6. It has been urged by the applicant that on this view the party which objects to the admission and wants to challenge the order admitting a document will never be able to take the matter in revision. At all events, most often, he will not be able to do so; in other words, he will not get second opportunity to challenge the admission on the ground of absence or insufficiency of the taxation if that is the intention of the law, I certainly fail to see anything wrong or unjust in it. After all, this is a matter primarily between the State and the litigant. Certainly, the opposing litigantcan take advantage of this and remind the Court of its own duties in this regard of seeing that the taxpayer is not cheated. But the law does not enable, and in my opinion should not enable, the over-zealous opposing litigant side-tracking the dispute merely by repeatedly insisting upon apparent or real deficiencies of stamp duty, when the Court itself having considered it once, finds that the taxpayer's interests have either not been affected, or have been adequately safeguarded.
7. It would, of course, be another matter, if a Court hearing an appeal or revision acting suo motu, or upon a prayer by the Collector, reopens the decision, and calls upon the party producing the document to make good the stamp duty and the penalty. This is enabled by Section 61 of the Act. But that is a matter between the authorities and the litigant and not one inter partes. In principle, there is nothing to prevent the disappointed opponent from moving the Collector and trying to persuade him to apply in time under Section 61(1) to the superior Civil Court. But that cannot be taken up directly in revision.
8. In this connection, the ruling reported in Moon Lal v. Sampat Lal, ILR (1952) 2 Raj 1010, has been cited. The position there was different as the Court passed a provisional order that the plaintiffs document should be admitted on condition that penalty is paid. The defendant, however, went up in revision repeating his argument that it was a pro-note and could not be made admissible even on payment of penalty; but by the time he filed the revision, the penalty had been paid, and the conditional admission became final. So, the High Court would not allow the applicant to challenge the admission of the document; in answer to the submission that on this view the decision of the first Court would always be final in such matters, the High Court suggested a possible way, by which the first Court may immediately on the passing of the conditional order be asked to stay its implementation for some time and move the High Court, meanwhile getting a formal stay order. Such a procedure is no doubt possible where the first Court's order is conditional and it itself stays subsequent admission. It is not possible where the order is final. As already noted, I find nothing unjust or incongruous in the litigant being refused a second chance of objecting admission on the ground of failure to pay or shortage of stamp duty. A later Rajasthan ruling Ratanlal v. Daudas, AIR 1954 Raj 173, expressly mentions this, as it were, removing any misapprehension that the earlier ruling may have created.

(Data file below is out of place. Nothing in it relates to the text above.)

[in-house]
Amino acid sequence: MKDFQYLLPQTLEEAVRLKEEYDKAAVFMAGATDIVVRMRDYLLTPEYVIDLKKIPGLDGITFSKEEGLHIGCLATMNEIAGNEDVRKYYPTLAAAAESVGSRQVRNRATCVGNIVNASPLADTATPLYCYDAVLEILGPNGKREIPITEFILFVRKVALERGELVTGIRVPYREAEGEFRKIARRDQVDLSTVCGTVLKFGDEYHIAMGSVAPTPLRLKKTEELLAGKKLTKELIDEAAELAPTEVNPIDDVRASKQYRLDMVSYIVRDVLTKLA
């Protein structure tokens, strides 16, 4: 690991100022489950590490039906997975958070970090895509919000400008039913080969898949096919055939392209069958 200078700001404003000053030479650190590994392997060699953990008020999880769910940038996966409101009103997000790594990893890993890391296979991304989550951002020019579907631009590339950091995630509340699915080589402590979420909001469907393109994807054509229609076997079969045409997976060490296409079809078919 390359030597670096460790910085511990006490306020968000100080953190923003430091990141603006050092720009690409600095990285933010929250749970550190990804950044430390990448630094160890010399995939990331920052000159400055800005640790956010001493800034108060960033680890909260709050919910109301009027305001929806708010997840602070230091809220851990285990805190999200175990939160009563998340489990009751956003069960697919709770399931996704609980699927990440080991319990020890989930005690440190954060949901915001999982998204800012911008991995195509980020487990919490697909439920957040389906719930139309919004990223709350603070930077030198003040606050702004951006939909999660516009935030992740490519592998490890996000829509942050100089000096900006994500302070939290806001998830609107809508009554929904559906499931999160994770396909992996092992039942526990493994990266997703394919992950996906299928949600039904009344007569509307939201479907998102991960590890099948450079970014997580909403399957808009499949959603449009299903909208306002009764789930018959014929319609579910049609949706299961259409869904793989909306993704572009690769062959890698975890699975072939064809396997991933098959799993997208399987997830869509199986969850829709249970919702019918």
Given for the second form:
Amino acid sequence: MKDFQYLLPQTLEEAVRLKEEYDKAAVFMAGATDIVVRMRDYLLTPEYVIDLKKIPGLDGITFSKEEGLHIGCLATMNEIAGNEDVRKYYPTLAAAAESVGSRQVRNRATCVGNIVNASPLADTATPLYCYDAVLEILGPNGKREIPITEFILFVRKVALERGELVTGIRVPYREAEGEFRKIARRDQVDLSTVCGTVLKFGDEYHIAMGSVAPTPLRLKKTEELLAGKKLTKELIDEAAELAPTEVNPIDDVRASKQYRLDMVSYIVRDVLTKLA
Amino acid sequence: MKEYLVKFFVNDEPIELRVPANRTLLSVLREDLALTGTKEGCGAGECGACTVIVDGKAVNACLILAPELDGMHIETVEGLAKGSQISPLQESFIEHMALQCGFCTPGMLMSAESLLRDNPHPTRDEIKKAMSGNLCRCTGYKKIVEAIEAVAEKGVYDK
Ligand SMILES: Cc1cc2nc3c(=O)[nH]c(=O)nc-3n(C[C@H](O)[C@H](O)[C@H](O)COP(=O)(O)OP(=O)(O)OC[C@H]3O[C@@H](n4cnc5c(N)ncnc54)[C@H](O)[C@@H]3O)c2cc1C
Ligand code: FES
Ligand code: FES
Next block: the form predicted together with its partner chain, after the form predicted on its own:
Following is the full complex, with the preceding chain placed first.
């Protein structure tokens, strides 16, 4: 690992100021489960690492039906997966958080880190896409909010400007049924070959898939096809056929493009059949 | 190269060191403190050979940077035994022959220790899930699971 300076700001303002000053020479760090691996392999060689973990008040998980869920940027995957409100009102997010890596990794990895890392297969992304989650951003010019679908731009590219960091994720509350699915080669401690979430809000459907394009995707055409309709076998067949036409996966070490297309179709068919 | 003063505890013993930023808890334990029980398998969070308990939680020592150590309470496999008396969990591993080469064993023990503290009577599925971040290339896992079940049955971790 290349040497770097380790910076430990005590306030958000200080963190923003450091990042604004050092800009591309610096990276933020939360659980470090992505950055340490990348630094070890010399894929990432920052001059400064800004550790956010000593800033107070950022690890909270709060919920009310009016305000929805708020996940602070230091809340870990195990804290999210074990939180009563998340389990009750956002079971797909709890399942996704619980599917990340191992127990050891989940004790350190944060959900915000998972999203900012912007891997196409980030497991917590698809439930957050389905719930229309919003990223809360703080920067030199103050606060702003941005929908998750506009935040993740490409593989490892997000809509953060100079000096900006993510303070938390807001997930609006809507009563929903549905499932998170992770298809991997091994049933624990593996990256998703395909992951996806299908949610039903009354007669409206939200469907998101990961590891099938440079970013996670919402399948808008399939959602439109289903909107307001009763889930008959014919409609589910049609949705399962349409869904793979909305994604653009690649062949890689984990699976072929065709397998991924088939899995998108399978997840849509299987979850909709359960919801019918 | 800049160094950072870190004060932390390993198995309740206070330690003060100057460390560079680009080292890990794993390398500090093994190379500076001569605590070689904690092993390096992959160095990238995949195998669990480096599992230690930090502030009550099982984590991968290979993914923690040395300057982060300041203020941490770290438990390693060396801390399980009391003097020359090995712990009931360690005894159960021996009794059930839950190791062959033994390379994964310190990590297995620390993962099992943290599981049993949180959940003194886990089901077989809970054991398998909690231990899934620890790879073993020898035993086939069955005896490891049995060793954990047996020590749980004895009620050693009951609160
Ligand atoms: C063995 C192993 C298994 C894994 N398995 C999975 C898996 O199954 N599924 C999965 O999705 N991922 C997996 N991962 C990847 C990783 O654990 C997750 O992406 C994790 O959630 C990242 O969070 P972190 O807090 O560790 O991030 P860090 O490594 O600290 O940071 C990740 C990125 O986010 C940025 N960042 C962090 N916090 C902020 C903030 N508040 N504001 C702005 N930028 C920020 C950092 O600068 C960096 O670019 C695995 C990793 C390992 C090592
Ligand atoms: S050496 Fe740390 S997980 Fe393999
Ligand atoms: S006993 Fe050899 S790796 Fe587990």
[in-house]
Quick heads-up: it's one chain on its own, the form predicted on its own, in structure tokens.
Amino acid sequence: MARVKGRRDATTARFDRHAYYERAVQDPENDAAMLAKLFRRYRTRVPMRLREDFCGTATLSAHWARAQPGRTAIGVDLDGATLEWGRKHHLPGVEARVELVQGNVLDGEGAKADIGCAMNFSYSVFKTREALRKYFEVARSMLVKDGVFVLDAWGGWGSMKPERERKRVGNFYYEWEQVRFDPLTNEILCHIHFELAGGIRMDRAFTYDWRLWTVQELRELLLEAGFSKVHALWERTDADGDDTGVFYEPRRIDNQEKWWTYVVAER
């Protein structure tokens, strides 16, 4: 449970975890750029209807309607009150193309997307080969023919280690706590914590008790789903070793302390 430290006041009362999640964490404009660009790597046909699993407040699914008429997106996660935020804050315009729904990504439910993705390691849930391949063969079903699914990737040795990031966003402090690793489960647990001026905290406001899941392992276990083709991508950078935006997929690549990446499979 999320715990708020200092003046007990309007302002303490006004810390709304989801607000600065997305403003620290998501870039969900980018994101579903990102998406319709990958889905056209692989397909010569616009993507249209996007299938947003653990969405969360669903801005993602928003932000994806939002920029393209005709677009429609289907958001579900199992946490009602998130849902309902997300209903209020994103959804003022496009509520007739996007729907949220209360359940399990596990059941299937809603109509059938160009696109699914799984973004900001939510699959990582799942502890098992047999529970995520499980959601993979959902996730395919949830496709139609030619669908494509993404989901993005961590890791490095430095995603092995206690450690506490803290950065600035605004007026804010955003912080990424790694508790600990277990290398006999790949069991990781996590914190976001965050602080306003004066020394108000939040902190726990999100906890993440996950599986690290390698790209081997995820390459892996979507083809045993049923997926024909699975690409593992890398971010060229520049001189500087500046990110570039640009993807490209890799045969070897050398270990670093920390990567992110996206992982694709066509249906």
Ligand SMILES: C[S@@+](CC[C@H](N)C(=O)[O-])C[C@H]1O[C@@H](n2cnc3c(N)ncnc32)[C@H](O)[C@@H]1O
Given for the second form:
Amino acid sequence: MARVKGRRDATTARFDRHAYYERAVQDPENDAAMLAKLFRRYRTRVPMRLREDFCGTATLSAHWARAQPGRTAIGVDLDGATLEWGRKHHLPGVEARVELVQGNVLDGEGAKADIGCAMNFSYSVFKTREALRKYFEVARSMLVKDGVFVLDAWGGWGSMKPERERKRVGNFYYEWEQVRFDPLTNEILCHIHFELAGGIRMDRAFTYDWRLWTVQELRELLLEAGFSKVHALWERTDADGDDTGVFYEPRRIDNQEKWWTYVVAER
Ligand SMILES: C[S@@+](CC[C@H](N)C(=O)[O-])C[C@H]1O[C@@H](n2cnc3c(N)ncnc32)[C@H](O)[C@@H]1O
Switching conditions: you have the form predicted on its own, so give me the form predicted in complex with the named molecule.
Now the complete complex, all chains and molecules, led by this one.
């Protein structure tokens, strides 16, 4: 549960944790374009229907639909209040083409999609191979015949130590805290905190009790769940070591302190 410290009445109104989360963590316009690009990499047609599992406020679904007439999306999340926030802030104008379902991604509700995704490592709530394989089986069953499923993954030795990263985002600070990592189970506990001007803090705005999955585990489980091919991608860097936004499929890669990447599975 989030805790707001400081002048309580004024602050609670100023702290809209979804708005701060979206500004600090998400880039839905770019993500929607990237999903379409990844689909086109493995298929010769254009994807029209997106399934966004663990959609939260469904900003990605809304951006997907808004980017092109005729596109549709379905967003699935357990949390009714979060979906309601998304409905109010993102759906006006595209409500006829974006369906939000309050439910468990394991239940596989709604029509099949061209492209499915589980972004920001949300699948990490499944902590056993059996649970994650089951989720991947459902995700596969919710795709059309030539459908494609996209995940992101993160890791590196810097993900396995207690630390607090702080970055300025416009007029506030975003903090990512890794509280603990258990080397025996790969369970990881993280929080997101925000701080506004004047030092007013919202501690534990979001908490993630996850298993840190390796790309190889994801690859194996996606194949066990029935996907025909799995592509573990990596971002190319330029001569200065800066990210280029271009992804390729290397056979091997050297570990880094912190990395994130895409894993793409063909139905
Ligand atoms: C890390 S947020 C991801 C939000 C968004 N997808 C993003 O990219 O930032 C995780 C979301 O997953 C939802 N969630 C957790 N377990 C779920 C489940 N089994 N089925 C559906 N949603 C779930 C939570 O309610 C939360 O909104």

'In enacting Section 36, the Legislature obviously intended that the question of admissibility of an instrument in evidence and the consequence following on such admissibility are only to be considered once, and if the instrument was once admitted in evidence that should put an end to all controversy on the question of sufficiency or insufficiency of stamp so far as parties in that suit were .concerned.'
9. The real question is, whether the Allahabad view that in Article 33 the words 'as set forth'' refer to 'value' and not to property is correct. Undoubtedly, it is. Otherwise, the significance of 'as' will be missed. It is not property 'set forth', but''value...... as set forth', the rule of proximity being broken by the preposition 'as'. In fact, the property would always be set forth and it need not be mentioned as a yard-stick. For valuation, it is value that may or may not have been actually set forth, the provisions of Section 27 notwithstanding. To the very obvious question whether this would not enable a party to a deed to evade the stamp duty by just not setting forth the value, the Allahabad High Court has given the answer. It is that such a person would for failure to comply with Section 27 be liable to prosecution under Section 64 of the Stamp Act. Section 27 of the Stamp Act, unlike Section 49 of the Registration Act, gives a direction, but does not impose a penalty that the document would be inadmissible into evidence.
All the same, it is not a pious wish without any effective sanction behind it. The sanction is a liability to prosecution and a real possibility or a fine under Section 64 of the Stamp Act. It was entirely the concern of the Legislature, if it should not have armed the State as a taxing authority with a double sanction, as it has done in some other statutes, or give, as here, only one sanction namely, the liability to criminal prosecution. Thus, the mere failure on the part of the parties to a transaction set out in a document to comply with Section 27, does not either render the document inadmissible or liable to impounding and taxed in the manner provided in Section 35. For that, one will have to go to that saction and the appropriate article in the schedule which is Article 33.
10. In the result, I find no substance in thisapplication and I dismiss it accordingly. Costs andpleader's fee to the opposite party according torules.